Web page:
By George Psyllides
Late in December 2014, a young international referee went public with allegations that match fixing was rife in Cypriot football.
Marios Panayi even named a few names and later provided the authorities with what he thought was enough evidence to at least start a serious investigation into his claims.
This space is usually reserved for writing about a story or event that caused an impression in the past year. I chose this subject not because there was a story as such, but because there wasn’t one.
Apart from the fact that Panayi appears to have blown his last whistle, in Cyprus at least.
And I am not saying there was no story because Panayi lied. I am saying there was no story because everything was quickly swept under the carpet and forgotten.
Fans went back to supporting their teams, believing that even if there was match fixing it did not concern their side. “It’s the others who do it.”
Fact is, however, there is match fixing, it has been around forever, and it has probably become worse due to the financial crisis.
Players who are not paid are more likely to accept money to throw a game, and cash-strapped teams could easily place a hefty bet against themselves just to make money.
Cypriot authorities have received numerous so-called yellow and red files from European football authorities concerning suspicious betting activity in certain games. So far nothing has checked out.
Back in December 2014, European match-fixing watchdog Federbet general secretary Francesco Baranca told the Cyprus Mail that they had been keeping an eye on Cyprus for some time.
“We are closely monitoring the situation on the island because of the many irregularities when it came to betting. It is clear to us that there is a deep problem. From the data we gathered, we can safely assume that something is wrong.”
Panayi claimed that he had in his possession recorded conversations, documents and other evidence, exposing people within the Cyprus Football Association (CFA) as the ones “running the show” when it comes to local football.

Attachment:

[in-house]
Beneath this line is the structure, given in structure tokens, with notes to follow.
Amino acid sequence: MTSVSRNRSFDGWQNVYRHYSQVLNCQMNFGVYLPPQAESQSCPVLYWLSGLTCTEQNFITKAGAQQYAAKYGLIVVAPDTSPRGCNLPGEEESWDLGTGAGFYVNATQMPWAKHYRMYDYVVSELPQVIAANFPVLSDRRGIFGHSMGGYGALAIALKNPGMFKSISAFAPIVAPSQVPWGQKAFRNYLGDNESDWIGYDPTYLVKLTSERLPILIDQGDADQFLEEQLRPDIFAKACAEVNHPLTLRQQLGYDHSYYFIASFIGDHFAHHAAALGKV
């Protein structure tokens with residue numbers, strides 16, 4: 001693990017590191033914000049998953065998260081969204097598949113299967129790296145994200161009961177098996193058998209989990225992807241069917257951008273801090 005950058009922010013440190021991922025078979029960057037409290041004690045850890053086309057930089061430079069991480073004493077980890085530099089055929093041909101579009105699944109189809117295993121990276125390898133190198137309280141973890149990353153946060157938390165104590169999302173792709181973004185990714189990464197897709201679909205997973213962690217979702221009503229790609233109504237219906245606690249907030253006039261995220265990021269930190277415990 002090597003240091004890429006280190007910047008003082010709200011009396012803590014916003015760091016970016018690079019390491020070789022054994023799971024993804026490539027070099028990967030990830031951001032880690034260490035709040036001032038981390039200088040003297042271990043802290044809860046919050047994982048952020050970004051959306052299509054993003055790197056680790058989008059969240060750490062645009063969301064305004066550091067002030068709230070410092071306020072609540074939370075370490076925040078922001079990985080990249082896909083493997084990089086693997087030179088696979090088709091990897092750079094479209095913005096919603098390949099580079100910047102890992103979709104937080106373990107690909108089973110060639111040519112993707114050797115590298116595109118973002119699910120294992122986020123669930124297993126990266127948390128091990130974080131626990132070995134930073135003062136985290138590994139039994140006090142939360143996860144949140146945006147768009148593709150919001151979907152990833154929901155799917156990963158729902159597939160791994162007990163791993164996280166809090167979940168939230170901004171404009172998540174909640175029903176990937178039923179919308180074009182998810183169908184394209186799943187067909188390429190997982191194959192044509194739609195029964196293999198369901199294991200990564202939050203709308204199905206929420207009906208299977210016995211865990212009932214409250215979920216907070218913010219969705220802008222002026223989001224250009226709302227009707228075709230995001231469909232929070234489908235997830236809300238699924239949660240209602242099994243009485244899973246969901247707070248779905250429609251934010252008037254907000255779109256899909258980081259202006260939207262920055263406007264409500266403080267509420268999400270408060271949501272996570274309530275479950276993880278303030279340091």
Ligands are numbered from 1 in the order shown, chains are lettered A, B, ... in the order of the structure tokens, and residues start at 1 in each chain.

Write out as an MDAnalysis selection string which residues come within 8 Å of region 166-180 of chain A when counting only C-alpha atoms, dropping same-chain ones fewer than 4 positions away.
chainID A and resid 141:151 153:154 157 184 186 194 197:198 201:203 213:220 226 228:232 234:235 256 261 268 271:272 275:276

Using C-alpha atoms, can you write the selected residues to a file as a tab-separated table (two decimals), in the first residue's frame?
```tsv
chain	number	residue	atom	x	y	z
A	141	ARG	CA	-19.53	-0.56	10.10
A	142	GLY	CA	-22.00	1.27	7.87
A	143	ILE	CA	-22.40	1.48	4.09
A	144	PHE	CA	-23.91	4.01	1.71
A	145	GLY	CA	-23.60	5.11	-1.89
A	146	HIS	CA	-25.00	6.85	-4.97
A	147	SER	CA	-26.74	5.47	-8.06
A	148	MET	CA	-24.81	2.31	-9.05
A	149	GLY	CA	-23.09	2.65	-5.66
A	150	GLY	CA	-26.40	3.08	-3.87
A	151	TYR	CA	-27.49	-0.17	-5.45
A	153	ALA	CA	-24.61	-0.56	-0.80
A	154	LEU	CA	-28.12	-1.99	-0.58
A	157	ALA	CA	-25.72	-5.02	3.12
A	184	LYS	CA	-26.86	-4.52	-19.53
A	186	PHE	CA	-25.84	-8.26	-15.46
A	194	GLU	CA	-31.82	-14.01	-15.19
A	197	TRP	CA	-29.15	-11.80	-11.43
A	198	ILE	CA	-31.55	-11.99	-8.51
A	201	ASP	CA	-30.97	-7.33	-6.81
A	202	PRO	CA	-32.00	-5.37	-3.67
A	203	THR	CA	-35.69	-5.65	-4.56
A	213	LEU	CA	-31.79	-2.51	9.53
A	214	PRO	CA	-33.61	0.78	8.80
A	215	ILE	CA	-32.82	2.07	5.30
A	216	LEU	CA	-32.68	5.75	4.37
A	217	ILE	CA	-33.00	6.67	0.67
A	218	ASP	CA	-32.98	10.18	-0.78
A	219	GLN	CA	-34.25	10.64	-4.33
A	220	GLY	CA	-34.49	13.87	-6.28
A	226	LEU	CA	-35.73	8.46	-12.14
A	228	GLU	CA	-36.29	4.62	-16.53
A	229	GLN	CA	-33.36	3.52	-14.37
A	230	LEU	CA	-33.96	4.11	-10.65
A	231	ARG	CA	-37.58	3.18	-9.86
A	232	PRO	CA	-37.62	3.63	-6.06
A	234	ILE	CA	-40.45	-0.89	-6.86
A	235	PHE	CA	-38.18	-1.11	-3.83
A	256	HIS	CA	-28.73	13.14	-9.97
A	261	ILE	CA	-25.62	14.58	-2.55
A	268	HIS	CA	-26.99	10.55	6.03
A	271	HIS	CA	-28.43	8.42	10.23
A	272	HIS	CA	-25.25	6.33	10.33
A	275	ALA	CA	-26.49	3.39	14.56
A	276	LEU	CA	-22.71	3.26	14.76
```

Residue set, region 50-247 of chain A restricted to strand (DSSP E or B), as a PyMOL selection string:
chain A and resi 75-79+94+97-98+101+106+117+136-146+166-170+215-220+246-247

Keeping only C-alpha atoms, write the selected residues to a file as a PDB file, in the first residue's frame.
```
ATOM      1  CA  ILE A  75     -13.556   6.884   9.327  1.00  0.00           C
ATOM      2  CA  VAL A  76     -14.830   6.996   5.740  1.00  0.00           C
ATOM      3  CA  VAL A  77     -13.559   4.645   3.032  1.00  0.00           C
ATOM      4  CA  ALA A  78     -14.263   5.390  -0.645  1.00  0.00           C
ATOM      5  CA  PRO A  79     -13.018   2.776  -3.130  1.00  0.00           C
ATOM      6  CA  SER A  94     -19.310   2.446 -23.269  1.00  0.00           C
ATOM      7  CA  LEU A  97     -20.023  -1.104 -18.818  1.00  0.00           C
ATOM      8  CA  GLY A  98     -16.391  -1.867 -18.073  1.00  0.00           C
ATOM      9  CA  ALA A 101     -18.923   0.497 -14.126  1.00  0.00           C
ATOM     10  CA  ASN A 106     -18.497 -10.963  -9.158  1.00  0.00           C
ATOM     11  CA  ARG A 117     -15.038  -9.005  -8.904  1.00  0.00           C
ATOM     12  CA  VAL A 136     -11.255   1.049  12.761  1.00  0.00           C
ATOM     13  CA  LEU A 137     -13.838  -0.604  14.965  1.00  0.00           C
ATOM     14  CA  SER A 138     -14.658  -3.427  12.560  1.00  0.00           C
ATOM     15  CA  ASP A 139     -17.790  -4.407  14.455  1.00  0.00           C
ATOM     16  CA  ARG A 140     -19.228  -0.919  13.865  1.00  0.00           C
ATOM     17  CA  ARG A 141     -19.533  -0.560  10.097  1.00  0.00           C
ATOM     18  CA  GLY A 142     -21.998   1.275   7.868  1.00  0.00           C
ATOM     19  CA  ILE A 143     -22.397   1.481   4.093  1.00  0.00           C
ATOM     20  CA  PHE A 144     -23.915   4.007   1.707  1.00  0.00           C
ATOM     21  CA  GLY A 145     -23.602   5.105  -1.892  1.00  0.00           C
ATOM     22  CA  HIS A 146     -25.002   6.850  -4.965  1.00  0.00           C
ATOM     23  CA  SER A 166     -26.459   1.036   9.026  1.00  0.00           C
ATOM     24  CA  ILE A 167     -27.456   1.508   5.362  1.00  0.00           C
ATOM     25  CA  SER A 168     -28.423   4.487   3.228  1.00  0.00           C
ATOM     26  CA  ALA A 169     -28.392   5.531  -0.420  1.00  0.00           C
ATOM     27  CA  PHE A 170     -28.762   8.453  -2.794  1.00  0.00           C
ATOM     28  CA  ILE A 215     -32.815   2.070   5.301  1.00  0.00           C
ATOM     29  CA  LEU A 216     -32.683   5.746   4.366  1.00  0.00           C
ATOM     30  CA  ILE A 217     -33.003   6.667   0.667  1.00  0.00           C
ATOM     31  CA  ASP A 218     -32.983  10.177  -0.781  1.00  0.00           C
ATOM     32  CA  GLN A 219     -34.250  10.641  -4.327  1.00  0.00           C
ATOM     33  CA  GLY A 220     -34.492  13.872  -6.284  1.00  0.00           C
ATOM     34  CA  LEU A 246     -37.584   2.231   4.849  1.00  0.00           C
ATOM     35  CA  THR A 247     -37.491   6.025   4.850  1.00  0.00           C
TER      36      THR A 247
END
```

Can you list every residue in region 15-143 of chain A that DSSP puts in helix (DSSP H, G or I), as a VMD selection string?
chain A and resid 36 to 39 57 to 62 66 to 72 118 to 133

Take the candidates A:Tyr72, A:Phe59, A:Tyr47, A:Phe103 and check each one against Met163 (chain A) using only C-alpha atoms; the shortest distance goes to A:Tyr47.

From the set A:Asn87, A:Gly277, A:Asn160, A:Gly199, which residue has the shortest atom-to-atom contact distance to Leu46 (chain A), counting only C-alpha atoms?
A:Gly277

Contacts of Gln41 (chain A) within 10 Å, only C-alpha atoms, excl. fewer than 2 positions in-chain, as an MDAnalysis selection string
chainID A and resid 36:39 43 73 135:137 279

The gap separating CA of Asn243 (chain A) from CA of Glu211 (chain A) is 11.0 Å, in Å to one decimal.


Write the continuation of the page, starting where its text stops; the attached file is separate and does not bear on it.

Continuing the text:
He handed the evidence over to the authorities but nothing has happened, ostensibly because it cannot be used in court.
The referee claimed that the CFA appoints referees who are willing to shape the game’s outcome and that they are the ones who decide which teams are relegated.
Panayi named CFA’s deputy chairman Giorgos Koumas as the man pulling the strings, that he is the one who decides on referee appointments and that he has close ties to football clubs and political parties.
Ruling DISY chief Averof Neophytou’s name also came up.
Panayi claimed Neophytou was actively involved in football fixtures “and if he does not accept it then I can prove it to him.”
In an interview with Greek-language news portal Cyprus Times in March, Panayi said Neophytou had been present at a meeting on September 25, 2010, at Koumas’ office.
“I don’t know the importance of this meeting but referees and (game) observers were invited at the office of Mr Giorgos Koumas,” Panayi said, and Averof was the official guest. “I wonder why other politicians do not have such meetings and it is the exclusive privilege of Mr Neophytou,” Panayi said.
Neophytou has denied the allegations and asked the authorities to carry out an immediate and thorough investigation.